Again, as in a previously described procedure, it is preferred that application of the shrink wrap in this procedure be preceded by wrapping of peel ply material on the fibers, and removal of the shrink wrap be followed by removal of the peel ply.

FIGS. 2G-1 and 2G-2 show a system similar to that of FIGS. 2F-1 and 2F-2 except that the fitting of the FIGS. 2G-1 and 2G-2 is a two-bladed or “jaw” fitting rather than the single bladed eye fitting of the earlier figures. The loop-engaging, convex, load-transmitting face 17 g of this embodiment is in the form of a curved nose formed on the end of the shank 14 g, the blades of the jaw being machined, welded, cast, or forged to the shank in this particular construction. The bands 15 g together form a loop passing around the face 17 g. Like the face 17 f, the face 17 g is located on the associated fitting beyond, in the proximal direction, the proximal end of the associated shank sleeve.

FIGS. 2H-1 and 2H-2 show another similar system. Here the fitting is a tee-style fitting, and the loop-engaging, load-transmitting face 17 h is simply the wall of the cross-pin of the fitting, midway along the cross-pin's length, or a slight groove formed in the cross-pin's wall at that location. Typically the diameter of the cross-pin is 1.5 to 2.5 times the diameter of the pultruded rod proper. Again, like the faces 17 f and 17 g, the face 17 h is located on the associated fitting beyond, in the proximal direction, the proximal end of the associated shank sleeve.

In the fittings that incorporate a loop-engaging, convex, fiber-turnaround face extending transversely from one side to the other of the fitting, such loop may be provided by making or modifying a transverse opening for this purpose as in the FIGS. 2F-1 and 2F-2 embodiment, or by utilizing or modifying a known type of transverse surface for this purpose as in the FIGS. 2G-1 and 2G-2 embodiment, and also as in the FIGS. 2H-1 and 2H-2 embodiment (and also as in an non-illustrated embodiment that would result from somewhat increasing the thickness of the eye-plate of the embodiment FIGS. 2F-1 and 2F-2, grooving the rim of the eye-plate, and looping the bands 15 g around the grooved rim of the eye-plate, using such grooved rim, in place of the face 17 f, as the loop-engaging, convex, fiber-turnaround face.) In all these examples, the loop-engaging, convex, fiber-turnaround face is located on the fitting beyond, in the proximal direction (i.e., leftward of, as seen in the drawings), the proximal end of the shank sleeve.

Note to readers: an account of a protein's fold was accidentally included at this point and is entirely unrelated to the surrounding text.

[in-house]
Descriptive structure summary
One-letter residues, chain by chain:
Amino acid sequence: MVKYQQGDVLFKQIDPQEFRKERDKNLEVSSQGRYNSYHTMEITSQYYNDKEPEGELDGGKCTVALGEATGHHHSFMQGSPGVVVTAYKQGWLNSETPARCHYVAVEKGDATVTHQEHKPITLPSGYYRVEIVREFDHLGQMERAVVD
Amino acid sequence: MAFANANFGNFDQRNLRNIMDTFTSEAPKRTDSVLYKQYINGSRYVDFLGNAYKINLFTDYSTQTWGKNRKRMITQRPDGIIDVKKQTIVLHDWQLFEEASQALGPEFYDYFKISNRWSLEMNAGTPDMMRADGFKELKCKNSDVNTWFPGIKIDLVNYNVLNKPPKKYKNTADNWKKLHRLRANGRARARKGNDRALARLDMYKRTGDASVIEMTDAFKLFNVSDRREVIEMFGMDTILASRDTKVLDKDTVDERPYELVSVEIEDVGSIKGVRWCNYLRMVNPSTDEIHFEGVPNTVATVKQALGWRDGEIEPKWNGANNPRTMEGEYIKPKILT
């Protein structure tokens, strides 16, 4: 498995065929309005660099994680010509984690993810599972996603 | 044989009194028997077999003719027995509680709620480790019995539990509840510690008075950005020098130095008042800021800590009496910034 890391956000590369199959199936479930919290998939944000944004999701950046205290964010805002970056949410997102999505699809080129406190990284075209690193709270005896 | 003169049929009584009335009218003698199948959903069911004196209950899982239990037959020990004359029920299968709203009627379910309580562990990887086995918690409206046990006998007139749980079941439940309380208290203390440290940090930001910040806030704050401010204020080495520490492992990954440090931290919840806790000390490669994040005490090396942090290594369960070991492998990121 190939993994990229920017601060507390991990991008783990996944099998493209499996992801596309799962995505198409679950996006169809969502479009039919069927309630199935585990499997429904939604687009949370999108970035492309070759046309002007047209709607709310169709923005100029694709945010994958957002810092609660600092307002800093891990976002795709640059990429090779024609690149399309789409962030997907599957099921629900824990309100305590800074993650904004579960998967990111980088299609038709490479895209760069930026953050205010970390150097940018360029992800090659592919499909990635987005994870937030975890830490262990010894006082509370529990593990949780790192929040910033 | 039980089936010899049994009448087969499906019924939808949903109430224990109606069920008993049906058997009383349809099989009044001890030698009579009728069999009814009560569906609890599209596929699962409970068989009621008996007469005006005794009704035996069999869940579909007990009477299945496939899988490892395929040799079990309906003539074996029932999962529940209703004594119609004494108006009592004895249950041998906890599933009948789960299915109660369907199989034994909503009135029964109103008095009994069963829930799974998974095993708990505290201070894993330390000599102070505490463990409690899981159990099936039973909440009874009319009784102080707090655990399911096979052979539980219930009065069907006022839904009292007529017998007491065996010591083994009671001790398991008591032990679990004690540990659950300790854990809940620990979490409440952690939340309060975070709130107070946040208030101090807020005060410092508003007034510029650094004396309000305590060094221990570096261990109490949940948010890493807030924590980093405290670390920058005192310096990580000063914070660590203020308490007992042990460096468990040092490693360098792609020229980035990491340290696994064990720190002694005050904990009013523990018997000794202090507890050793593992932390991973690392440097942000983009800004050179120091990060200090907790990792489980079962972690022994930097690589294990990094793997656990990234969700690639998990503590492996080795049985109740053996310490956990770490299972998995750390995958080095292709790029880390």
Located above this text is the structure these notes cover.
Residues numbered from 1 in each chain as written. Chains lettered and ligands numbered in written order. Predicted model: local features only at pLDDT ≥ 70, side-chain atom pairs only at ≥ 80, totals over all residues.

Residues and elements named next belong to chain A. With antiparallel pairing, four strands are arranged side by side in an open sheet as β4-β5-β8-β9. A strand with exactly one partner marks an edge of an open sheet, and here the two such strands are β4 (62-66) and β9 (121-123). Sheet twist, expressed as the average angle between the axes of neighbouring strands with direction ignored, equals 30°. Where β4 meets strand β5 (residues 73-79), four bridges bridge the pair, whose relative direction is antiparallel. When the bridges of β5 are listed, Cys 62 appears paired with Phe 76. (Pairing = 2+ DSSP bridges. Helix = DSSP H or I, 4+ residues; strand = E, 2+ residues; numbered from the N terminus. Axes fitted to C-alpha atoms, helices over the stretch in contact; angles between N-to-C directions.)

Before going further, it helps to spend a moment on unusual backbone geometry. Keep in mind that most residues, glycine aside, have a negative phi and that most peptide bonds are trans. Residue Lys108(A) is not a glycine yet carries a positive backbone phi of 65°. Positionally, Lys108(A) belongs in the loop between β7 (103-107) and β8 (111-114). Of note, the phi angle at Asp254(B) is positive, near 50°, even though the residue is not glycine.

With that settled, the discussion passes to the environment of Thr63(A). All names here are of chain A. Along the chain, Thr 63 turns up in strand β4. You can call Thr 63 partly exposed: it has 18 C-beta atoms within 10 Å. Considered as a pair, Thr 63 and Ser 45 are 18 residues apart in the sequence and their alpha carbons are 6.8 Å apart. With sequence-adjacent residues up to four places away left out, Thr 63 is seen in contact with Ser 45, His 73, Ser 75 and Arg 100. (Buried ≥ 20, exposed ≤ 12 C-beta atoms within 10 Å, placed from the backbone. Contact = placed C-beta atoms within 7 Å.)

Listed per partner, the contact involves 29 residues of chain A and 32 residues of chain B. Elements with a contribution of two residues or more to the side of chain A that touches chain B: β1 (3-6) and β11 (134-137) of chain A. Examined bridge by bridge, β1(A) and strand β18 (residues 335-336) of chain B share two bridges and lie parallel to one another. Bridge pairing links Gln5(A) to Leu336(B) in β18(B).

In embodiments of the invention described above, the entry cross-section of the composite tension rod proper, that is, the cross-sectional area of the tension rod at the rod entry points, such as points 19 a, 19 b, 19 c, and 19 d, generally remains constant for part of the bury length before it begins to taper down. However, in some circumstances it may be desirable to taper the rod as it reaches the rod entry point. An instance of slight reduction of the cross-section of the rod proper at the entry point is illustrated in FIG. 2J, which shows a terminal system similar to those already described but used in association with a pultruded composite fiber-reinforced tension rod 10 j that is hexagonal in cross-section, rather than round. In the illustration, similar terminal systems are associated with each end of the tension rod.